Also, avoid everything that can cause cold or a cough or affects your throat adversely. I avoid ice creams and smoking.

13. Have Good Setup

Here are the details of my setup that helps me deliver my classes stress-free:

  1. A power backup, specifically UPS for both my computer and the internet router. Extremely important.
  2. A backup internet connection with a good speed
  3. Good headphones. I prefer USB headphone because it has lower chances of loose connections. Also, since I walk around my desk while teaching, I have a headphone with a longer wire.
  4. During online classes, I record every session. I keep multiple recordings so if one fails, there is another.
  5. For teaching a class, I prefer two screens – one shared with the class, another for the questions window. An additional monitor connected to my MacBook works perfectly for this.
  6. I keep a cooling pad for my laptop because, during longer sessions, laptops tend to heat up.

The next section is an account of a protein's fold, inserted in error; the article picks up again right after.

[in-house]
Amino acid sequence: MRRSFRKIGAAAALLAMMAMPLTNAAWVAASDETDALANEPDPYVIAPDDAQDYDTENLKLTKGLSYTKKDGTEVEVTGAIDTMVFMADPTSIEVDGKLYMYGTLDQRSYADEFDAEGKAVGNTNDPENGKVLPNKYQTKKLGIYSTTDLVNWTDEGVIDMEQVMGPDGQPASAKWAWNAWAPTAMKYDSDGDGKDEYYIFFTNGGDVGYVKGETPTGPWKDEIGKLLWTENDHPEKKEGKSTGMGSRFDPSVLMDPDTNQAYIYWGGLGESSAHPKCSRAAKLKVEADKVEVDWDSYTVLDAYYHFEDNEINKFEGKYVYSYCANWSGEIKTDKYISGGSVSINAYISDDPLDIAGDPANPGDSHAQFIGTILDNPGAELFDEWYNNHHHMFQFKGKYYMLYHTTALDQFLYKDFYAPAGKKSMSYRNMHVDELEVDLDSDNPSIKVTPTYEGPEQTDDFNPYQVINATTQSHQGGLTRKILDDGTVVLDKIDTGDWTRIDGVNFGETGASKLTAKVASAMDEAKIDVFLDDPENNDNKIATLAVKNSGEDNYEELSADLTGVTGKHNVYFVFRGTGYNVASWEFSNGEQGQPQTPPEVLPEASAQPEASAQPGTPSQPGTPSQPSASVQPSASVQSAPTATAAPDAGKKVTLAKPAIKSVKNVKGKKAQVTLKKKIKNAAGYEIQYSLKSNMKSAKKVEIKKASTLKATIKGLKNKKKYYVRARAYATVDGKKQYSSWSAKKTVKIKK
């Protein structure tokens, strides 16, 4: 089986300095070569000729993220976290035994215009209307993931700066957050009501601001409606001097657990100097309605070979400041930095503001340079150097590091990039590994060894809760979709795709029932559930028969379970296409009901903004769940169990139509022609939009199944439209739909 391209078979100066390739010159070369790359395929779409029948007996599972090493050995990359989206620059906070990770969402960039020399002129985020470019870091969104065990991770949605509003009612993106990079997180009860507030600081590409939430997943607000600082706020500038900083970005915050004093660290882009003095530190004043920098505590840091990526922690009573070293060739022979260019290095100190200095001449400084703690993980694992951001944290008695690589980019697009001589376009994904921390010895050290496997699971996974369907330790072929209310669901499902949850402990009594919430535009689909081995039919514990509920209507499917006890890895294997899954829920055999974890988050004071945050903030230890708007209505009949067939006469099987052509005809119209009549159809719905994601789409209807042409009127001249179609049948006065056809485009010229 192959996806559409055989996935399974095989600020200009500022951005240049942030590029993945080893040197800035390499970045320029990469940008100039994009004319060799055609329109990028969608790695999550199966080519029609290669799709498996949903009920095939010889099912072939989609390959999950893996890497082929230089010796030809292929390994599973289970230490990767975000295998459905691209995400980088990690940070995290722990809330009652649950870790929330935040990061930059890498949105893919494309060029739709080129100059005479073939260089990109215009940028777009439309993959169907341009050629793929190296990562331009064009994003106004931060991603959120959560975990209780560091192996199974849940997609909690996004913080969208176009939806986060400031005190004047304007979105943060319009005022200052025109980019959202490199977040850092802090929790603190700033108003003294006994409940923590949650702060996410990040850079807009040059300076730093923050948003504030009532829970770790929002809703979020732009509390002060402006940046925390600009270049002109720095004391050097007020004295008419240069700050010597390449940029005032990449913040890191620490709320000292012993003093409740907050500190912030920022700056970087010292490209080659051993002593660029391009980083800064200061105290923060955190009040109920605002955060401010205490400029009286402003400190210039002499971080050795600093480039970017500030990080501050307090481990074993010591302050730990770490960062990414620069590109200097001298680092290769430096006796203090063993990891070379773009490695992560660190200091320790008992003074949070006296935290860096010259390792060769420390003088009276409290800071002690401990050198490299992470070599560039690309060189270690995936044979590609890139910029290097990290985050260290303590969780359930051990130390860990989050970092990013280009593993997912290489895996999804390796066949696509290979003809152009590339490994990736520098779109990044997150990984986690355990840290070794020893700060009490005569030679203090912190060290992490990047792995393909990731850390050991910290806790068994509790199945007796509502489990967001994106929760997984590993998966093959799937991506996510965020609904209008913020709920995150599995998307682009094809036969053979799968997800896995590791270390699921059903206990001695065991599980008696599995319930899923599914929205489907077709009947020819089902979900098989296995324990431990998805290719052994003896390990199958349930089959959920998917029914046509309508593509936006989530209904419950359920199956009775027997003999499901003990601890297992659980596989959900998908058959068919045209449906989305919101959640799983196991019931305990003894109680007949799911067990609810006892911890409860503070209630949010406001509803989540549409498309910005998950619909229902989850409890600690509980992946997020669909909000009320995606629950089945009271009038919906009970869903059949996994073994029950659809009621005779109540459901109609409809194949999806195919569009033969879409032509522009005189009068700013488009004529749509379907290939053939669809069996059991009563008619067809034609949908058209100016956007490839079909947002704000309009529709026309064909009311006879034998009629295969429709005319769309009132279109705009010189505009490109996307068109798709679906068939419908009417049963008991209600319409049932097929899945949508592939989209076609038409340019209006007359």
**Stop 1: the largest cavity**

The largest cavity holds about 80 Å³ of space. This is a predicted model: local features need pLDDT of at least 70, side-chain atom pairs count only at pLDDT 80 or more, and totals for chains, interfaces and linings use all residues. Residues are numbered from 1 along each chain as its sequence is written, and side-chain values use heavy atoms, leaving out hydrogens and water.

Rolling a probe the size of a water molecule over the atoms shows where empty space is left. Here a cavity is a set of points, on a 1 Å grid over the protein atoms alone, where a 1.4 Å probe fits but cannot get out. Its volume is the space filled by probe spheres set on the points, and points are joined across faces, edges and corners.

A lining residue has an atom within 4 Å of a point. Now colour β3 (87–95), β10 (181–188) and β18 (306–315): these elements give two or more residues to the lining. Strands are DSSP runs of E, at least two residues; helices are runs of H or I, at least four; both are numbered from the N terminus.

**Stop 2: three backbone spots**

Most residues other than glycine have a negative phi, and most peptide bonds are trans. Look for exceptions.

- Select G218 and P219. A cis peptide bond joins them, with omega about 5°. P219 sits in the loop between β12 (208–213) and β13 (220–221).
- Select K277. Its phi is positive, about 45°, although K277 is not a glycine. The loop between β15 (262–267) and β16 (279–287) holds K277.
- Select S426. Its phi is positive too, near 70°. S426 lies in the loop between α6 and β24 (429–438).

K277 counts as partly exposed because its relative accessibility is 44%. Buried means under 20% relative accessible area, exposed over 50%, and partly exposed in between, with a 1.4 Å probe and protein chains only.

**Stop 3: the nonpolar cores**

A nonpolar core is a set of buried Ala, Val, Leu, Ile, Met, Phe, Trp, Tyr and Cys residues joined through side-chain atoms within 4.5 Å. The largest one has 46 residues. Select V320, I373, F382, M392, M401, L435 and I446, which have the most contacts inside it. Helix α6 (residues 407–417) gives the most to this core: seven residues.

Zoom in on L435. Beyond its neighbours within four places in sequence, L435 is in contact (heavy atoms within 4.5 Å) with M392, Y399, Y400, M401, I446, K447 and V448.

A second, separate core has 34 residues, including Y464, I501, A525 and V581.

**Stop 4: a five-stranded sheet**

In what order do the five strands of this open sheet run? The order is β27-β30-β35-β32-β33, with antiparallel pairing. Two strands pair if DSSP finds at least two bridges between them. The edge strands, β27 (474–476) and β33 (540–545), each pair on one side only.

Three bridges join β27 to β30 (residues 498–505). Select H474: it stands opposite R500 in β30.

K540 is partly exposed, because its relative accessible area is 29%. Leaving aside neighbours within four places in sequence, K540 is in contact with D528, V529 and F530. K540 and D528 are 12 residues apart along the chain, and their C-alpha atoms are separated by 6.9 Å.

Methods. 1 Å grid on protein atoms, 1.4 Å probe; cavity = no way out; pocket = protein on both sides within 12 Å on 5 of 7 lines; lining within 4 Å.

7. A remote presenter helps me change slides if I am walking around my desk while teaching.
  8. A drawing pad and whiteboard software. Get whiteboard software along with a drawing pad and make yourself comfortable with it. It is very much required in the class.
  9. I always prefer LAN cable over wifi.
  10. A one-to-many USB converter since I have a lot of hardware connecting to my laptop.

14. Avoid Distractions

Teaching a class needs a zero-distraction environment. It requires extreme focus and absolutely no distractions. I teach in a closed room and face a wall while teaching.

15. It is about learner not you

While we are on the topic of distractions, teachers often want to show their face on the screen all the time. I have different views on that.